John Dos Passos

(1896-1970 / Chicago, Illinois)

John Dos Passos Quotes

  • ''In certain savage tribes in New Guinea, they put the old people up in the trees and shake them once a year in the spring; if they don't fall out they let them live another year.''
    John Dos Passos (1896-1970), U.S. novelist, poet, playwright, painter. Produced by the New Playwrights Theatre in New York in the spring of 1929. Professor in Airways, Inc. Act 1, Three Plays, Harcourt, Brace and Company (1934).
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  • ''Sex is a slotmachine.''
    John Dos Passos (1896-1970), U.S. novelist, poet, playwright, painter. Steve Shuyler in 1919, of the trilogy U.S.A., The Modern Library, Random House, Inc. (1937). Remark follows an incident during the First World War in which a waitress in Marseilles, France collects a tip in coins by "hoisting up her skirts and picking up the coins between her legs."
  • ''We work to eat to get the strength to work to eat to get the strength to work to eat to get the strength to work to eat to get the strength to work.''
    John Dos Passos (1896-1970), U.S. novelist, poet, playwright, painter. Produced by the New Playwrights Theatre in New York in the spring of 1929. Strikers in Airways, Inc. Act 2, Three Plays, Harcourt, Brace and Company (1934).
  • ''Time has an undertaking establishment on every block and drives his coffin nails faster than the steam riveters rivet or the stenographers type or the tickers tick out fours and eights and dollar signs and ciphers.''
    John Dos Passos (1896-1970), U.S. novelist, poet, playwright, painter. Originally performed as The Moon Is A Gong in 1925 by the Harvard Dramatic Club. Telescope man in The Garbage Man, pt. 2, sc. 1, Three Plays, Harcourt, Brace and Company (1934).
  • ''Our presidents have been getting to be synthetic monsters, the work of a hundred ghost- writers and press agents so that it is getting harder and harder to discover the line between the man and the institution.''
    John Dos Passos (1896-1970), U.S. novelist, poet, playwright, painter. Letter, July 6, 1951, to his friend, literary critic Edmund Wilson. The Fourteenth Chronicle: Letters and Diaries of John Dos Passos, ed. Townsend Ludington (1973). In reference to presidents of the United States.
  • ''Isn't it curious how completely ignorant we all are of the most important part of our bodily mechanism. It is really criminal. Yet there is no nation in the world that doesnt surround sex with fantastic walls. Of course ours are sillier than any—but not much.''
    John Dos Passos (1896-1970), U.S. novelist, poet, playwright, painter. Letter, September 20, 1919, to his friend Rumsey Marvin. The Fourteenth Chronicle: Letters and Diaries of John Dos Passos, ed. Townsend Ludington (1973). Written in Granada, Spain, in an effort to compare the average age of seduction in various countries including the U.S.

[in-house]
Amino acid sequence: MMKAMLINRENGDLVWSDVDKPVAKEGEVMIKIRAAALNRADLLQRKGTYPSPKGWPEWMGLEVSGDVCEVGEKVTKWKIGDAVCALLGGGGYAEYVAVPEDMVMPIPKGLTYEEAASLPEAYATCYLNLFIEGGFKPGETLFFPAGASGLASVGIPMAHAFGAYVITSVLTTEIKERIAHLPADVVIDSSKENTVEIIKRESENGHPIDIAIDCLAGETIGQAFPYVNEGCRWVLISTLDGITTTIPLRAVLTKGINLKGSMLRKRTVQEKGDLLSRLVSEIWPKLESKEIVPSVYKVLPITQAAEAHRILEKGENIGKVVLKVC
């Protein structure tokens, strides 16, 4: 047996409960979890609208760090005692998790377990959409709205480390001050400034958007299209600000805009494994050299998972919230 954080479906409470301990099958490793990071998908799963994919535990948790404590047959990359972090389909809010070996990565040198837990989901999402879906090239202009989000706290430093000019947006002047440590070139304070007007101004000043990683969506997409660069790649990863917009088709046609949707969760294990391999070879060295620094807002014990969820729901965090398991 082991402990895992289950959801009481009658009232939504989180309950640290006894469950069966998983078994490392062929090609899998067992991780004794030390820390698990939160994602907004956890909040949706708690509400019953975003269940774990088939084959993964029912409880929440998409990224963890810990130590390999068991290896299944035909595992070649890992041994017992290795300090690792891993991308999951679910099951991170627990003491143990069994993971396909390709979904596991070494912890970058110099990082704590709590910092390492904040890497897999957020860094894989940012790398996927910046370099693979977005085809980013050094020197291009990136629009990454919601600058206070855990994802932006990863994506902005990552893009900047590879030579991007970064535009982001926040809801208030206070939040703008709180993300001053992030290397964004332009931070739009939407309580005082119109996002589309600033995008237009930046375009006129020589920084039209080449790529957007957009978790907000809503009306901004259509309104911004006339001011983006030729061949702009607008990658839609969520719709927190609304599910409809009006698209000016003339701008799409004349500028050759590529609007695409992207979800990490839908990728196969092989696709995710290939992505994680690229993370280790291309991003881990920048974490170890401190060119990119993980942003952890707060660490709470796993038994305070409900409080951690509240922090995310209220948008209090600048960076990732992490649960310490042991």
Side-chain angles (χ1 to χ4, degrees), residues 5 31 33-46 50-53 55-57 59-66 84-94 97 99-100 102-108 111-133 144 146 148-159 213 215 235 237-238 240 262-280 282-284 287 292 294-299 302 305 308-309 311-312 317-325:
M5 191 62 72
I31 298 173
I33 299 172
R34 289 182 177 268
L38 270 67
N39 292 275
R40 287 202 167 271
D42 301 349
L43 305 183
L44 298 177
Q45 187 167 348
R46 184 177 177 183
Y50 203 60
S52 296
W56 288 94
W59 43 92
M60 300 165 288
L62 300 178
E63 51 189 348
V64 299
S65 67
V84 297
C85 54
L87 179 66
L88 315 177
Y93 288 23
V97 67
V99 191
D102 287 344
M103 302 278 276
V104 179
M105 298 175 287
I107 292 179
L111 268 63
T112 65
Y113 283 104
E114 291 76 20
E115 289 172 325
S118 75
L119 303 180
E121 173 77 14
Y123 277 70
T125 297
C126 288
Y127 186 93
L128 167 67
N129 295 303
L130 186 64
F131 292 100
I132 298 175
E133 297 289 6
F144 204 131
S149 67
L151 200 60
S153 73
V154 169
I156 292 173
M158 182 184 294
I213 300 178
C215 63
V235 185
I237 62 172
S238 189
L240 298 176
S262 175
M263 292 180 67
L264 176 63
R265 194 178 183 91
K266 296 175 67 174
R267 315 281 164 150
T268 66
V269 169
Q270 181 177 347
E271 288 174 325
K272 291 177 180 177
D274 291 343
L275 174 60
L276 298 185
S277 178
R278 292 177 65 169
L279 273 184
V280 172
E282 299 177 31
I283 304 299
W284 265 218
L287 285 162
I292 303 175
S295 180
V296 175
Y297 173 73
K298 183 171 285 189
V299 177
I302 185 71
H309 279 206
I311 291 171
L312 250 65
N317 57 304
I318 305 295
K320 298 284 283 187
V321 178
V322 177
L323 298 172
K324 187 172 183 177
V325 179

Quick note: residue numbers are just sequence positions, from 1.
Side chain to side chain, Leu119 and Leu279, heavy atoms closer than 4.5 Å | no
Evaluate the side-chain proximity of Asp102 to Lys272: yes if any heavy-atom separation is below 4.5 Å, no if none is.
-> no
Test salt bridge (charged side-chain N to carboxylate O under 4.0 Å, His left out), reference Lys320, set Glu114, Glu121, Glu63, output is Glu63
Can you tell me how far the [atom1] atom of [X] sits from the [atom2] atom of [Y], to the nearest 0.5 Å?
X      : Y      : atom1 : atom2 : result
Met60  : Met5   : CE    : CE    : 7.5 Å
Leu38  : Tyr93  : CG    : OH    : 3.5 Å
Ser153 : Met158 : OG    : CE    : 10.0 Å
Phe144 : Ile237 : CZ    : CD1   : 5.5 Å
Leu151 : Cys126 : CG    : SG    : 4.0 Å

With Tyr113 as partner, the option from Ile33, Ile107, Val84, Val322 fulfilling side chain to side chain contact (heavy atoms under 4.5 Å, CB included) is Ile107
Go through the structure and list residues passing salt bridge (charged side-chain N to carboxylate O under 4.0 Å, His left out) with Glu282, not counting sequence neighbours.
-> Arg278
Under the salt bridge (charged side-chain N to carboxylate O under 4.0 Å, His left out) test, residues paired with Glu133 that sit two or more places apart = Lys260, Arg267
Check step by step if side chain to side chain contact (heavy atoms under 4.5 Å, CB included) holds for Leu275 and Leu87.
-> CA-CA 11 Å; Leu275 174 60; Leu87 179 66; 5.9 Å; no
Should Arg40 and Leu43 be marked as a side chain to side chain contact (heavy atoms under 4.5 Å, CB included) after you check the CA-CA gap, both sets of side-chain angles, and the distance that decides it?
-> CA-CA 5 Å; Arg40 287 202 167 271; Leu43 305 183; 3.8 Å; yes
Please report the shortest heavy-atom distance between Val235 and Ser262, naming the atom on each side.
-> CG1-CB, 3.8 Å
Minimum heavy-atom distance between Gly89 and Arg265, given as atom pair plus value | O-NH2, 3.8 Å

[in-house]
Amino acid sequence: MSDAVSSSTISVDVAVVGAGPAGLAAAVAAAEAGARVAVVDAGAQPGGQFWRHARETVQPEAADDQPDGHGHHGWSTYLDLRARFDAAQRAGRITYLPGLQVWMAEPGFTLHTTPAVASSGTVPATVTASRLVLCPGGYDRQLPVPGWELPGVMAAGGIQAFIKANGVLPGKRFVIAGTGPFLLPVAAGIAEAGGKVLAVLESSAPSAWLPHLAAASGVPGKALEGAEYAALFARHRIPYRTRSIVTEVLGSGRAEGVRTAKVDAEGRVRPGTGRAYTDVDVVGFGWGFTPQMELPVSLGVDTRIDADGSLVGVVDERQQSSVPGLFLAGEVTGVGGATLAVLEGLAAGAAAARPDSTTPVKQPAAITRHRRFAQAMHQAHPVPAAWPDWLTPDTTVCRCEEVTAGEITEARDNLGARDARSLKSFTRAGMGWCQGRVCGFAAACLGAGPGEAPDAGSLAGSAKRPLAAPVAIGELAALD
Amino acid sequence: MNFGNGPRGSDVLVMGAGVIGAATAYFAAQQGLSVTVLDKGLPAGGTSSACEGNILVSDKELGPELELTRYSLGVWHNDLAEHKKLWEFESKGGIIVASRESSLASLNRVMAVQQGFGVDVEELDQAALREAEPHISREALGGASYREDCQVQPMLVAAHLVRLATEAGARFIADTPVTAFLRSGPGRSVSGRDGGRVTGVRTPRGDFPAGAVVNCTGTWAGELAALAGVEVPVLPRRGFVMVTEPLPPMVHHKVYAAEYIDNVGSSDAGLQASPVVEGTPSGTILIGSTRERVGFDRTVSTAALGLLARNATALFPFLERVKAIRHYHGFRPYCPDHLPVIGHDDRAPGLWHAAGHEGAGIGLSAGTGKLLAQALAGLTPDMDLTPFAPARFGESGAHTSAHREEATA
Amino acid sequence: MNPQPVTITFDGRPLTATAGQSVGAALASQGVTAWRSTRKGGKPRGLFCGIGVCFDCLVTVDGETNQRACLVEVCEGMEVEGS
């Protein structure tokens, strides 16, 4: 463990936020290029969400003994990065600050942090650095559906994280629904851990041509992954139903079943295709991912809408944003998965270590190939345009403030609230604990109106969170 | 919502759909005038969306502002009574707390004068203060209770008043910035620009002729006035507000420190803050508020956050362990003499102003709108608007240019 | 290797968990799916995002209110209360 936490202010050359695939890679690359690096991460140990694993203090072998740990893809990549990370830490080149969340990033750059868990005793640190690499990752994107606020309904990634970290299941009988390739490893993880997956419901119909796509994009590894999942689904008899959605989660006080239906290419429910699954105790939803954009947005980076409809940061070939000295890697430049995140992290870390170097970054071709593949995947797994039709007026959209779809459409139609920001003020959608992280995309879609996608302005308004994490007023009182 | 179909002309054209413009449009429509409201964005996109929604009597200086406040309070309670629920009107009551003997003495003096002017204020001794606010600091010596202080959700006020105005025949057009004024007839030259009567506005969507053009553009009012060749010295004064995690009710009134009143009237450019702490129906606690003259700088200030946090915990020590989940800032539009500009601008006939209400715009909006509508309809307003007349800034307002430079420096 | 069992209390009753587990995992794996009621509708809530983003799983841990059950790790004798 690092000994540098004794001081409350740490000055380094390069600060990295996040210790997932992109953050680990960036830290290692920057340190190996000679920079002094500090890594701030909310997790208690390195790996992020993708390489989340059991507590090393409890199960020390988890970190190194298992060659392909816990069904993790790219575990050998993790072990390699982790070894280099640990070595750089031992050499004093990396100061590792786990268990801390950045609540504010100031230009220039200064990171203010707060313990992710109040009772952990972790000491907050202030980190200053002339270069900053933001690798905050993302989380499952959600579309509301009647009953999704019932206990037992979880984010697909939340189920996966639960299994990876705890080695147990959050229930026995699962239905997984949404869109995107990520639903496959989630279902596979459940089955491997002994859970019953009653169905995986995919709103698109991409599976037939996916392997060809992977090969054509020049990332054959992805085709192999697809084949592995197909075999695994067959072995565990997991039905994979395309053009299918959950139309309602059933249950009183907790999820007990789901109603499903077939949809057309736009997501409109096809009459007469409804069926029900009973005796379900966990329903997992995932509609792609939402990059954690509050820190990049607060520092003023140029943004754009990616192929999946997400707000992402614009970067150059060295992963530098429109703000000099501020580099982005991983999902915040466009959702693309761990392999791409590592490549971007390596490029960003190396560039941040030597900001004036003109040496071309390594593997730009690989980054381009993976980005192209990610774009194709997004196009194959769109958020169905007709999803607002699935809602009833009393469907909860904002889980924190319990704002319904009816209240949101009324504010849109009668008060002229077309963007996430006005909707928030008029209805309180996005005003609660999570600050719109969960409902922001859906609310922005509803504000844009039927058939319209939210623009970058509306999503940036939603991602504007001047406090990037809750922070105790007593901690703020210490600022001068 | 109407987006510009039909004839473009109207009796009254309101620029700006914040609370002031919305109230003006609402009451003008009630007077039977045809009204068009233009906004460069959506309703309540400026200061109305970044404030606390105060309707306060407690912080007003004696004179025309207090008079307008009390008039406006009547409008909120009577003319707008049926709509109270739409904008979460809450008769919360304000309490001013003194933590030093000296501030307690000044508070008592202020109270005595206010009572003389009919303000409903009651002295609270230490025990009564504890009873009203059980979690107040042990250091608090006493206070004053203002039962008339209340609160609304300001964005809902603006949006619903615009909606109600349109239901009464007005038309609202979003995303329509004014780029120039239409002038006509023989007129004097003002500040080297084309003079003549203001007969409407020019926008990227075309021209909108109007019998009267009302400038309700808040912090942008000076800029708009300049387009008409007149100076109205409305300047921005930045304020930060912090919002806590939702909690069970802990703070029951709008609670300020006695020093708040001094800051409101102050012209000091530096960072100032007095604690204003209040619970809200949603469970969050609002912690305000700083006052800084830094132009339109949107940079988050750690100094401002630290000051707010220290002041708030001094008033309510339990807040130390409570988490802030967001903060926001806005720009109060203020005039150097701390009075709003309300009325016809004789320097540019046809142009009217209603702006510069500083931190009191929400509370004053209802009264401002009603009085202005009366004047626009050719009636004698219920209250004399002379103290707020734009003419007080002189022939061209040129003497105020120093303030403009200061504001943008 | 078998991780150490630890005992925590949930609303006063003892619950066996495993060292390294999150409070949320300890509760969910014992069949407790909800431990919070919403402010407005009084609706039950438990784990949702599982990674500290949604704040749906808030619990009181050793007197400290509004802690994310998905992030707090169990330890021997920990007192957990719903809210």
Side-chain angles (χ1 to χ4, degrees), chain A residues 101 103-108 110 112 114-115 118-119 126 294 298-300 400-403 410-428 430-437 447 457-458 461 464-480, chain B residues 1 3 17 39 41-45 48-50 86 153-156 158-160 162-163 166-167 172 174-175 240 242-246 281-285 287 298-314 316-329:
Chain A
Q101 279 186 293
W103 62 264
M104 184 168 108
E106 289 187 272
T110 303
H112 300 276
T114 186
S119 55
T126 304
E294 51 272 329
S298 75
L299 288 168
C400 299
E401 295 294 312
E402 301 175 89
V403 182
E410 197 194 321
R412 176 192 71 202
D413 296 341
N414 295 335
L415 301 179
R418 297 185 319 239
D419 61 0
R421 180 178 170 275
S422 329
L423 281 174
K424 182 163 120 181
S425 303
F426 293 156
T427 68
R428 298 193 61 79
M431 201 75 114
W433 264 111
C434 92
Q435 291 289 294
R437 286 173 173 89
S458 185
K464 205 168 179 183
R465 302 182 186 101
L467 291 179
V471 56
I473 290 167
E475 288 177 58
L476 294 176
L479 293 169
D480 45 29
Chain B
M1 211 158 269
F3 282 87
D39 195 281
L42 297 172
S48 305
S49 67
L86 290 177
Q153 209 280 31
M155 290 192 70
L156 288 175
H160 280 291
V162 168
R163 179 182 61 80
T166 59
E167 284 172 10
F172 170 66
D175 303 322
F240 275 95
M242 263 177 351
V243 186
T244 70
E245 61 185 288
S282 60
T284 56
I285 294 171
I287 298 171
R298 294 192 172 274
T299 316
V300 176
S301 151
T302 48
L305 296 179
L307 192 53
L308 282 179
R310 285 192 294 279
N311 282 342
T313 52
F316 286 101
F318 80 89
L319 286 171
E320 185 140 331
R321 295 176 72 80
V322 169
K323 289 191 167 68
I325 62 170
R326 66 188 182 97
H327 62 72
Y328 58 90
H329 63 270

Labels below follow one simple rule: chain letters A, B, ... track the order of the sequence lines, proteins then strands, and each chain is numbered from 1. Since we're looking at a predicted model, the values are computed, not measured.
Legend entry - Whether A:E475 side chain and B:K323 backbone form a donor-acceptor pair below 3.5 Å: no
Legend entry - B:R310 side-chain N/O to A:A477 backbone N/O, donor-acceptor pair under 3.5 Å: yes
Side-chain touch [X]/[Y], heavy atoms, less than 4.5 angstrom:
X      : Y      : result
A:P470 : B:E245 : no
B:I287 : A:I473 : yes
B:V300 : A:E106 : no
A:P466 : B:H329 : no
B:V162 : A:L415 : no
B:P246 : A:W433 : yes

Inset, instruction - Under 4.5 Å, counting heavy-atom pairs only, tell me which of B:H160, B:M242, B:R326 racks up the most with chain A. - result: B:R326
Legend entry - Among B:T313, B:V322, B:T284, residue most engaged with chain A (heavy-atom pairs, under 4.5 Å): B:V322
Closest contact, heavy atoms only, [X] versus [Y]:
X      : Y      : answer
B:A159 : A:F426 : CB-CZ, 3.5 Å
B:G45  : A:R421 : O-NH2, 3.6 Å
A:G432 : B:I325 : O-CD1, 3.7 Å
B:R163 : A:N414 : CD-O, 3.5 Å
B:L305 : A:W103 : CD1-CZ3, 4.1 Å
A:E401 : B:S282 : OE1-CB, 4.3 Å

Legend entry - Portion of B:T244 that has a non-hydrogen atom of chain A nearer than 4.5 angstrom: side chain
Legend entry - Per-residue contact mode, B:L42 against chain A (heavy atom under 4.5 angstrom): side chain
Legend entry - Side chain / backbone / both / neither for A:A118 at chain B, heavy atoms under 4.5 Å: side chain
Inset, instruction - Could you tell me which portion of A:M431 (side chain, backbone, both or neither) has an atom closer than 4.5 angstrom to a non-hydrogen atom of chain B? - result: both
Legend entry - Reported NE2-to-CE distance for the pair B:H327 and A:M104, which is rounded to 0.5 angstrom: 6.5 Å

• ''That's the great danger of sectarian opinions, they always accept the formulas of past events as useful for the measurement of future events and they never are, if you have high standards of accuracy.''
    John Dos Passos (1896-1970), U.S. novelist, poet, playwright, painter. Letter, January 25, 1935, to his friend Robert Cantwell, novelist. The Fourteenth Chronicle: Letters and Diaries of John Dos Passos, ed. Townsend Ludington (1973).
  • ''The war is utter damn nonsense—a vast cancer fed by lies and self seeking [sic] malignity on the part of those who don't do the fighting.''
    John Dos Passos (1896-1970), U.S. novelist, poet, playwright, painter. letter, Aug. 23, 1917, to his friend Rumsey Marvin. The Fourteenth Chronicle: Letters and Diaries of John Dos Passos, ed. Townsend Ludington (1973). Written while at the western front near Verdun during the First World War.
  • ''It's rather grisly, isnt it, how soon a living man becomes nothing more than a collection of stocks and bonds and debts and real estate?''
    John Dos Passos (1896-1970), U.S. novelist, poet, playwright, painter. Letter, March 10, 1917, to his friend Rumsey Marvin. The Fourteenth Chronicle: Letters and Diaries of John Dos Passos, ed. Townsend Ludington (1973). Written to his friend in school after Dos Passos had graduated from Harvard in 1916, traveled in Europe, and moved to New York.
  • ''The only way to find out anything about what kinds of lives people led in any given period is to tunnel into their records and to let them speak for themselves.''
    John Dos Passos (1896-1970), U.S. novelist, poet, playwright, painter. The Ground We Stand On: Some Examples From the History of a Political Creed, "Notes on Books to Read," Harcourt, Brace and Company (1941).

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